AW: Innumerable times. Every day when I sit down to write I fail. It’s the nature of the beast. Writing fiction is a form of communication, an attempt to use language and storytelling to represent ideas, thoughts, and feelings that can’t ultimately be articulated. This is an impossible task, obviously, and all attempts to do it are valiant yet futile. Still, one must keep trying. 

NE: What do you tell writers who know they are great writers and feel like they’re failing?

AW: I think that to be a writer you have to have these two sides to your personality. One of those sides feels like it’s failing, always. That side is a ruthless critic. It second-guesses every sentence. That side is cripplingly self-loathing. Every day it must question the value of what you’re doing, and ask the question, does the world really need these characters I’m making up in my head? 

The other side must be wildly narcissistic, egomaniacal, and vainglorious. That side must say, YES! This thing I’m doing is the most important thing in the world, every word I type is pure gold, and I deserve to be hailed as the savior of mankind! 

If you have the first side, but not the second side, then I don’t know what to tell you, other than 1) you’re never going to finish writing anything, and 2) you’re probably a better person than me, and 3) you should probably see a therapist, because it’s unhealthy to have only self-loathing. But I suspect that if someone asks whether or not she’s failing, she does indeed already know she is great. Some people have both of these sides to their personality, and will turn out just fine. To them I say: patience, my dear.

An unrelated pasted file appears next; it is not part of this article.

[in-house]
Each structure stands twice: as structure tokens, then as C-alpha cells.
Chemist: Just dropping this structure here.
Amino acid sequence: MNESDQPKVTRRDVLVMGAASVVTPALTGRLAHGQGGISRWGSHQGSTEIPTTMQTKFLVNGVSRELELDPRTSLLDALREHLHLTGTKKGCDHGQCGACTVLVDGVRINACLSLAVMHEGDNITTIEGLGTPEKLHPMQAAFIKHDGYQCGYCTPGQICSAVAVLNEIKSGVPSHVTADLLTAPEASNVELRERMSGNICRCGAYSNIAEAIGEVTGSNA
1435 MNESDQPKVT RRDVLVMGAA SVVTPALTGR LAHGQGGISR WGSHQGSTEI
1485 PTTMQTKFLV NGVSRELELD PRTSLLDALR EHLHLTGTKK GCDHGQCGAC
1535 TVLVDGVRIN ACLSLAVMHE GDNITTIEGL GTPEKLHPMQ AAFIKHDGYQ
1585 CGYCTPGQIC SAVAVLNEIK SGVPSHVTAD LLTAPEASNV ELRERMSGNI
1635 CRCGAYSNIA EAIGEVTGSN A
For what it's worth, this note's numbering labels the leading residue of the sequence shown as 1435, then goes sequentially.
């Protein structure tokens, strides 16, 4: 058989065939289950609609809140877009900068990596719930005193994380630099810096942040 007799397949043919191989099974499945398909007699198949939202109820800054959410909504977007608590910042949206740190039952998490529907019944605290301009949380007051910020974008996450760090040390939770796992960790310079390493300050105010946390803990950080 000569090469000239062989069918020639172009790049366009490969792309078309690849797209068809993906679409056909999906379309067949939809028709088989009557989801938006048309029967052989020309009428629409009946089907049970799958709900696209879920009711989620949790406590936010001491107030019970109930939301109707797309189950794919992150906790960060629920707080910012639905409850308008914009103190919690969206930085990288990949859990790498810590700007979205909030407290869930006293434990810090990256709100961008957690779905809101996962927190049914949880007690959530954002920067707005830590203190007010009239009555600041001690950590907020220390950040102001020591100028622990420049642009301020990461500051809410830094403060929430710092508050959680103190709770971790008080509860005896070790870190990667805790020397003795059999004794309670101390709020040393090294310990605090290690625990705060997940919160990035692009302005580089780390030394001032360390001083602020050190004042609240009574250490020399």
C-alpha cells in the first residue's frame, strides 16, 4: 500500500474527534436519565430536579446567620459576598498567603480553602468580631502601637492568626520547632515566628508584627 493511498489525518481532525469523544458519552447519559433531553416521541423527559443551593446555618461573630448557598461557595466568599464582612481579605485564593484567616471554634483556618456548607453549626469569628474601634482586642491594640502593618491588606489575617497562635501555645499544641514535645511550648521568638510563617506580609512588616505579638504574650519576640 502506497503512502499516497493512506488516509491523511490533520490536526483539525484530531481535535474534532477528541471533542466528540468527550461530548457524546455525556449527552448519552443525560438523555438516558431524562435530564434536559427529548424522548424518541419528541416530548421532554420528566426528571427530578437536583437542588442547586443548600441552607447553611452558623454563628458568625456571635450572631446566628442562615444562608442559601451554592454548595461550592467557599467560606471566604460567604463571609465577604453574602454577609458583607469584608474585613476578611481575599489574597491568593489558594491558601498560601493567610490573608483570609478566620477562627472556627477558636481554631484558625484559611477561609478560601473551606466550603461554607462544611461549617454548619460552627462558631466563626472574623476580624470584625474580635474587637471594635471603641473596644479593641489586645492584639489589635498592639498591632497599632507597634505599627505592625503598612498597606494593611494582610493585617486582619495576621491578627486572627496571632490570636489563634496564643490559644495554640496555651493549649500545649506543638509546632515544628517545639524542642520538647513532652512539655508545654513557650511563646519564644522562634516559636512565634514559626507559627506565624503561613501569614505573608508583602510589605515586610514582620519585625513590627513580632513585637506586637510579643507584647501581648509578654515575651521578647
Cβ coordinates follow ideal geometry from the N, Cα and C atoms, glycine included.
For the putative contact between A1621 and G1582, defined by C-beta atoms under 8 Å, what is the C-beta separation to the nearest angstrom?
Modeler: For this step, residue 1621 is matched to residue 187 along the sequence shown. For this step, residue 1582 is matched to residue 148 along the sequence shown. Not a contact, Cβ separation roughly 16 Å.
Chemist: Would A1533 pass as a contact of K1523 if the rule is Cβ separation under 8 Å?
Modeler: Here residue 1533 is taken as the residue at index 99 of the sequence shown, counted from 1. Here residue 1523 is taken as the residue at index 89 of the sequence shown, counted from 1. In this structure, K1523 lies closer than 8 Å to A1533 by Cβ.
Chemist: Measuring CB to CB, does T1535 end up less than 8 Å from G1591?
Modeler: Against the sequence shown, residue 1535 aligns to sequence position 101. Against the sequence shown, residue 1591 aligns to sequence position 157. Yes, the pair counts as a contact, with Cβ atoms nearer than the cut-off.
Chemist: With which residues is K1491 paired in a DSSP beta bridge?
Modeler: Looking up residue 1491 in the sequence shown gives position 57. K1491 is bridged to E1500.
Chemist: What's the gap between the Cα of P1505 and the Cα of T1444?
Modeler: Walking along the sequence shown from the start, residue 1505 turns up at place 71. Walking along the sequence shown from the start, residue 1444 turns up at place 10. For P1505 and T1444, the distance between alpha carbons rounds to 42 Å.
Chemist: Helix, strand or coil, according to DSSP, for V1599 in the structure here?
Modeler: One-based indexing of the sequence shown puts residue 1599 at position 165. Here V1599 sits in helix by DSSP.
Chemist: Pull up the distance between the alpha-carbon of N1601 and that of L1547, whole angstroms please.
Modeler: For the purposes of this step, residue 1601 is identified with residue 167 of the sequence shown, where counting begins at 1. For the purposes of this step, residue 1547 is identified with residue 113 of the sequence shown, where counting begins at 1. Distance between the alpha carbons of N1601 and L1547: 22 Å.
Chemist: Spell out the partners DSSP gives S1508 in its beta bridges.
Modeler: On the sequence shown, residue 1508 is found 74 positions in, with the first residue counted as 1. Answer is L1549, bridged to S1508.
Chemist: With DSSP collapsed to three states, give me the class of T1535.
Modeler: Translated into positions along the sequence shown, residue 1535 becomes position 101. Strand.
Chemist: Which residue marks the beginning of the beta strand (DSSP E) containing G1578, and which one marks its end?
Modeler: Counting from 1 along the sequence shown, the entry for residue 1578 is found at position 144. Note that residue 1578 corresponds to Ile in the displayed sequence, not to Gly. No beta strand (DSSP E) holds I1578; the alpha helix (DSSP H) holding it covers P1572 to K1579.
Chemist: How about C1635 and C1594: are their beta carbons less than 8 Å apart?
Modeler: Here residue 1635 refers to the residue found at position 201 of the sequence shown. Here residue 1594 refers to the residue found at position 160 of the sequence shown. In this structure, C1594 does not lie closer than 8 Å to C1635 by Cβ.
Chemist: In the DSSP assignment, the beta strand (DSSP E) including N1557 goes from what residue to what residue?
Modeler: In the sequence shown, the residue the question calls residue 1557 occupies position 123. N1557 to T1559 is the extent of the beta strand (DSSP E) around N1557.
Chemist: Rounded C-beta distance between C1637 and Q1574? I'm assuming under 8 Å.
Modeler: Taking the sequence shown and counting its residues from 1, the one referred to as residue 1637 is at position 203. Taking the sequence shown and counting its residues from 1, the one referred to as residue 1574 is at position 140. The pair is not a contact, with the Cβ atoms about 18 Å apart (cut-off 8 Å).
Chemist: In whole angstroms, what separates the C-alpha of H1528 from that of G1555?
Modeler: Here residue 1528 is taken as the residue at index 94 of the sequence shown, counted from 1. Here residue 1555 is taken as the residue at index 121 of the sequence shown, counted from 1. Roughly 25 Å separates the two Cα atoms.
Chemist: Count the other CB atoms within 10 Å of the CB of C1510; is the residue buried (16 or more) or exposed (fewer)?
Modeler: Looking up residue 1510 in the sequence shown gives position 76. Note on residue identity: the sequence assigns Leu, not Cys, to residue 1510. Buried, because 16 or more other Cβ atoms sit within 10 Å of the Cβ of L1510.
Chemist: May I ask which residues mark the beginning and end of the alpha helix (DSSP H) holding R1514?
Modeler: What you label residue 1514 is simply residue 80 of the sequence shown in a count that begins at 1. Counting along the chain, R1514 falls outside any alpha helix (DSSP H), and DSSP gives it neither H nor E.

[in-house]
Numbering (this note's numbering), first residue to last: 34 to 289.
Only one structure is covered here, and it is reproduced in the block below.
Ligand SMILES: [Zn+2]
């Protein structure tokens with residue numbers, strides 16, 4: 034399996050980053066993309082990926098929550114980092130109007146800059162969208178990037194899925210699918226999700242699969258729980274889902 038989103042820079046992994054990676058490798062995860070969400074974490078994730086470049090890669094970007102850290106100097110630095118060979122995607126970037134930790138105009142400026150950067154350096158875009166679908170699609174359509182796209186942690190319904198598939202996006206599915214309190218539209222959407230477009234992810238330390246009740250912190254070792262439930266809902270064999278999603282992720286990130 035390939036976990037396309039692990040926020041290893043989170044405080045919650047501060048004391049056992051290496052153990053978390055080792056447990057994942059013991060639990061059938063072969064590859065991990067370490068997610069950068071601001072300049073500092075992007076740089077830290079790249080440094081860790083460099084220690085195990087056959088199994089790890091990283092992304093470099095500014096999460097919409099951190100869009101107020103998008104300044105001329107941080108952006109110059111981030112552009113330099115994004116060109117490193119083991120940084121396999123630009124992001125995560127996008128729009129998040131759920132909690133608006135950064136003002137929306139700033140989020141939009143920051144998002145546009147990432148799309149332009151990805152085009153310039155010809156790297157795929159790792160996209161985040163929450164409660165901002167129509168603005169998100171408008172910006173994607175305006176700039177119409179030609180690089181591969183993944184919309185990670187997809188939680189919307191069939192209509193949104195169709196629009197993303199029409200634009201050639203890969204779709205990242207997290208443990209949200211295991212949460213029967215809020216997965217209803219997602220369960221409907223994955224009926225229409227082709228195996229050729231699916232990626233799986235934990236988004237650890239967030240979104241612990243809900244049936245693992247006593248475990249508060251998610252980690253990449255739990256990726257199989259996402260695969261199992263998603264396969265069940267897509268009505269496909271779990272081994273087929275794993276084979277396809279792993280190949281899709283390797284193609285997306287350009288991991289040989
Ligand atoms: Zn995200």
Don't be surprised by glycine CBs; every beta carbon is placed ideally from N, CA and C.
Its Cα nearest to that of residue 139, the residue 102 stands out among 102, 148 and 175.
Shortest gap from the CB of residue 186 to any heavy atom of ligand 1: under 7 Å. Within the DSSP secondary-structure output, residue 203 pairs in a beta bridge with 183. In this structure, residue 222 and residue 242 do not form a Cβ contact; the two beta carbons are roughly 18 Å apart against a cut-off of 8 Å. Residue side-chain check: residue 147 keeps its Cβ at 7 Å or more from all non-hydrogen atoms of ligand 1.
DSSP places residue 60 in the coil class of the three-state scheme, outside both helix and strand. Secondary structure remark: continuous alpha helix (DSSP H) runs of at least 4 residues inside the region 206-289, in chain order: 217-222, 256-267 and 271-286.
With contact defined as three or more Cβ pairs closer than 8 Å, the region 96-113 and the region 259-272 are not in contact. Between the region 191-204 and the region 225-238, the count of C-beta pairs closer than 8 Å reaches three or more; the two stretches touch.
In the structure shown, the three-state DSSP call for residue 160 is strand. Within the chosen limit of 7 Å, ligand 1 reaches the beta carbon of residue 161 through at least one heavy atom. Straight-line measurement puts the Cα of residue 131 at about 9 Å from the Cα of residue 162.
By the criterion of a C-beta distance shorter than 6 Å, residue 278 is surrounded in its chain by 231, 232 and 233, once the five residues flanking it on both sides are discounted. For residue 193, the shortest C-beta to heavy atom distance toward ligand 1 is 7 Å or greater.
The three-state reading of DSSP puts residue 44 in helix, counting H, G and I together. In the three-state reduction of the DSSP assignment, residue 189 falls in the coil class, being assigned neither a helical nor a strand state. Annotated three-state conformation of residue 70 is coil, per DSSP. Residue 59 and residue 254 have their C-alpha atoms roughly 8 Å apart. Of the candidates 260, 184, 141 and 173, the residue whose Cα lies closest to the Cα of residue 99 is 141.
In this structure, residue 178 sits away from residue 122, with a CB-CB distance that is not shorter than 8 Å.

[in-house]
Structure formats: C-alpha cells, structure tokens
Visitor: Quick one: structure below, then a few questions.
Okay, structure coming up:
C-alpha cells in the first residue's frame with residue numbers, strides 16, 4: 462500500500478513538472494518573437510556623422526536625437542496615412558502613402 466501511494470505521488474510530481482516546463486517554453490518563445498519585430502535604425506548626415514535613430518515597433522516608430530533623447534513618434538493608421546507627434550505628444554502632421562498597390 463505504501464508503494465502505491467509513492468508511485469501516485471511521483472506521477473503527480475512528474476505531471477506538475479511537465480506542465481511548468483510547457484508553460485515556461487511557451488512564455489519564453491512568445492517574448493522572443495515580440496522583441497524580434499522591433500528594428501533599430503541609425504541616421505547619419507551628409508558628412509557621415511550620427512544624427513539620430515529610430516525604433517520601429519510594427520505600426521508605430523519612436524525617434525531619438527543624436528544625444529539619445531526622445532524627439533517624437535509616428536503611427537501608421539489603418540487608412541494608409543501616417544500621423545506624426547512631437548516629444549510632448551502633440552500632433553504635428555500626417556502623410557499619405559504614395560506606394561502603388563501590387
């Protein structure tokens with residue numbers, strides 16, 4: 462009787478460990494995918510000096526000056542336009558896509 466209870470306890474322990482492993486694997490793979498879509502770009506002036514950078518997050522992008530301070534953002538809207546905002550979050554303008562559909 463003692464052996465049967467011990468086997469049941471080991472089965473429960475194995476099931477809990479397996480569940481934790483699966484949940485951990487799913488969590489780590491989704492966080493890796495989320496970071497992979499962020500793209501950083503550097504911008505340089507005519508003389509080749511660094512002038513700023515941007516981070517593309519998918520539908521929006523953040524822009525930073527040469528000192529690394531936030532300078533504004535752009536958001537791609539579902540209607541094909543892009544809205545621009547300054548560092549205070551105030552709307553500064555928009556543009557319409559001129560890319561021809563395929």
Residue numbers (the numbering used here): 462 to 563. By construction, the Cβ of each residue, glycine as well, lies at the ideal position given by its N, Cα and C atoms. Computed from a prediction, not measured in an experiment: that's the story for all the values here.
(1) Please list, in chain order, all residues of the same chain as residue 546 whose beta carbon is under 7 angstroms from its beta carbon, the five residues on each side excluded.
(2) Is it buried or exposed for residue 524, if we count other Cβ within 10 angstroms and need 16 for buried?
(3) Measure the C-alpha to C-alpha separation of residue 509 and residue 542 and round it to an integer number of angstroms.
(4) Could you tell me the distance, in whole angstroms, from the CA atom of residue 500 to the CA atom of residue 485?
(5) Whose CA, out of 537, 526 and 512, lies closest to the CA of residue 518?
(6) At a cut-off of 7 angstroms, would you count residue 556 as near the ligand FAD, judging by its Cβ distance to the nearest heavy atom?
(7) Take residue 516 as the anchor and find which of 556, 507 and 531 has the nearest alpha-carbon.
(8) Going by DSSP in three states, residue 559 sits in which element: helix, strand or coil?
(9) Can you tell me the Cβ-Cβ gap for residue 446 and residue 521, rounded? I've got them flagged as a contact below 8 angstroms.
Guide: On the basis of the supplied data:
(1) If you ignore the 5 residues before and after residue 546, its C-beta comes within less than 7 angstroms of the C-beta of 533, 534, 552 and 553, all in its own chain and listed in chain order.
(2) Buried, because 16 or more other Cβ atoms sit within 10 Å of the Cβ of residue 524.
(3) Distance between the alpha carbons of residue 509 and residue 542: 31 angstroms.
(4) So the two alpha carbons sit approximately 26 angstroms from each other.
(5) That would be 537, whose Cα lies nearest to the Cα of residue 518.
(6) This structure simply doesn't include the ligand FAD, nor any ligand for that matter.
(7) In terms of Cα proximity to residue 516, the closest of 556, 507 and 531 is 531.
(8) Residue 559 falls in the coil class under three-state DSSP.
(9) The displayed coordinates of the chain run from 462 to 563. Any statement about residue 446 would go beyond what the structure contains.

NE: A lot more than the craft of writing goes into being a writer professionally. What advice do you have for writers who feel like they know they can write, and have absolutely no idea how to approach “any kind of hustle” as it were.

AW: Oh man, I don’t know. Go to an MFA program, I guess? And then meet someone who can read your awesome writing and help the world find out how awesome it is? I think the main thing is to get the work in shape to show people, and then find the right person to show it to. All it takes is one supporter to get a career rolling. That person can be a teacher, a peer, someone from an internship, whatever. So long as you finish the book, and it’s awesome, and you can find someone to fall in love with it who happens to have an agent/publisher/editor etc. who they’re willing to send it to. You don’t have to make everyone fall in love with you, but you do have to make a couple people fall in love with your work.